Rosen Leads Tourism Subcommittee Hearing, Highlights Nevada’s Sustainable Tourism Industry

Watch Senator Rosen’s opening remarks HERE.

WASHINGTON, DC – Today, U.S. Senator Jacky Rosen (D-NV), chair of the Subcommittee on Tourism, Trade, and Export Promotion, led a hearing to examine how to build a sustainable travel and tourism sector that also protects natural resources and ensures responsible development. The hearing focused on how to balance the needs of businesses, visitors, and local communities to support sustainable tourism. During the hearing, Senator Rosen highlighted Nevada’s outdoor recreation industry, including at Lake Tahoe, Great Basin National Park, and Avi Kwa Ame National Monument.

Witnesses for the hearing included Executive Director of Tahoe Regional Planning Agency, Julie Regan; Global ESG and Head of Sustainability at Hilton Hotels & Resorts, Jean Garris Hand; and Director of WNC: Made By Mountains Partnership, Amy Allison.

Senator Rosen has been a champion for Nevada’s travel and tourism economy. Earlier this year, she hosted a field hearing in Las Vegas that examined ways to attract large sporting and entertainment events to the U.S., with a focus on Las Vegas’ experience, and the impacts that sporting and live entertainment events have on the local economy. Last year, Senator Rosen passed the bipartisan Omnibus Travel and Tourism Act to boost the travel and tourism industry.

Below are Senator Rosen’s opening remarks as delivered:

Good morning everyone, and welcome to the Subcommittee on Tourism, Trade, and Export Promotion. Today’s hearing titled, “Sustainability for a Thriving Tourism Economy,” will examine how to build a sustainable travel and tourism sector that integrates protecting our natural resources, supporting the tourism economy, and ensuring responsible infrastructure development. Additionally, this hearing will focus on how to balance the needs of businesses, visitors, and local communities to support sustainable tourism, including businesses centered around outdoor recreation.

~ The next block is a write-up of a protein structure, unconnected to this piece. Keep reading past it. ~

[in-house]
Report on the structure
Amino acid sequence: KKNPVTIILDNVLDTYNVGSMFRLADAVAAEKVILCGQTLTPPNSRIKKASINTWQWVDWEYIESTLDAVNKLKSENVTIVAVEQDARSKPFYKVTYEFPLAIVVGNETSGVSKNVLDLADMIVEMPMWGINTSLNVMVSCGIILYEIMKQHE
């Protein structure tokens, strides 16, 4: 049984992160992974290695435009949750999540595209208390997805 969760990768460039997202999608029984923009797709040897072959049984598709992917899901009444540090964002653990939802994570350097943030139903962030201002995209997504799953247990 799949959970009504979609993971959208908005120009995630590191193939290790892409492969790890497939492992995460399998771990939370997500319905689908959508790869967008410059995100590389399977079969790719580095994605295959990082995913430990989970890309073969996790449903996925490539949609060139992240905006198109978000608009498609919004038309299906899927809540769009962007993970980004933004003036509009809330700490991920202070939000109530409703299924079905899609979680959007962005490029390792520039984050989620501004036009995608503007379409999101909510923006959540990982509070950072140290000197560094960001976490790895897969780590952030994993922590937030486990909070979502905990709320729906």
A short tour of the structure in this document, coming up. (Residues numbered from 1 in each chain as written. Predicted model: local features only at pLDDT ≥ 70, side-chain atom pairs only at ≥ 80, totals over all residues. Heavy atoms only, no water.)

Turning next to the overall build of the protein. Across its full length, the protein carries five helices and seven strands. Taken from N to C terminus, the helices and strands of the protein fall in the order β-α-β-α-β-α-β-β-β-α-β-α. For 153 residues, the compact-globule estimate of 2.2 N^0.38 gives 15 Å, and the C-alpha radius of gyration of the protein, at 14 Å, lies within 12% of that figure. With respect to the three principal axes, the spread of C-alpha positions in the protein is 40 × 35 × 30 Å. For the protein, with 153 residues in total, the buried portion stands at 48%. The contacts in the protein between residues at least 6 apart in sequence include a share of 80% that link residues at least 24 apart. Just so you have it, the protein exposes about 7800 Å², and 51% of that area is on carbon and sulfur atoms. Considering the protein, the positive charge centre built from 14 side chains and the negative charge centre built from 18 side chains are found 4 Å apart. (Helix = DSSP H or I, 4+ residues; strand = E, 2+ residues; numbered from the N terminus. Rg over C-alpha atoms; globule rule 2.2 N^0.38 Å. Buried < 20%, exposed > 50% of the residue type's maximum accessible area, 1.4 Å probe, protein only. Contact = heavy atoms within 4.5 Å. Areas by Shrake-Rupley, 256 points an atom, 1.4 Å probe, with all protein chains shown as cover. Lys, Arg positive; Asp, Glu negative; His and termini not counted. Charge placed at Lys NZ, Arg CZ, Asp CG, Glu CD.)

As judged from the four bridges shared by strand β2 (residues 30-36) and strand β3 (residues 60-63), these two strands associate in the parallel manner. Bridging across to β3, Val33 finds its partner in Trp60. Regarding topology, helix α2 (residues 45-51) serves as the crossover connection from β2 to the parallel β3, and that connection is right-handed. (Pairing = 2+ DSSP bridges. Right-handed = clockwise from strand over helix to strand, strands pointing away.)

The outdoor recreation industry contributes $778 billion. I’m going to repeat that – $778 billion – in economic output nationally and supports a whopping 5.2 million American jobs. That’s amazing. And it’s from guides and outfitters to manufacturers, small business owners, and so much more.  

Outdoor recreation is a major contributor to Nevada’s economy. According to the Bureau of Economic Analysis, outdoor recreation in Nevada generates over $5.5 billion in economic output annually and is directly responsible for 60,000 jobs, nearly 60,000 jobs. And, Nevada’s natural wonders – every state has them, I know – but Nevada’s natural wonders bring people from across the country and around the world to see our mountains, our deserts, our lakes, and our wildlife. Over 80% of our state is managed by the federal government. These public lands and waters and our twenty-four state parks offer diverse opportunities for residents and visitors to enjoy the outdoors, including hiking, camping, boating, hunting, skiing, stargazing, or attending outdoor cultural events. 

In Southern Nevada, we have many beautiful places and recreation opportunities just minutes away from the Las Vegas Strip – from Red Rock National Conservation Area to the Valley of Fire and, of course, Lake Mead. 

Nevada is also proud of our national monuments, from Tule Springs and its prehistoric fossils to Avi Kwa Ame, which was just designated a national monument earlier this year after a push that Senator Cortez Masto and I led. Two of our national monuments – Gold Butte and Basin and Range – are in remote and rugged areas. They’re full of petroglyphs that people from all over the country and around the world come to see. Our monuments are therefore critical for both preserving tribal culture and public lands and for supporting our outdoor tourism economy.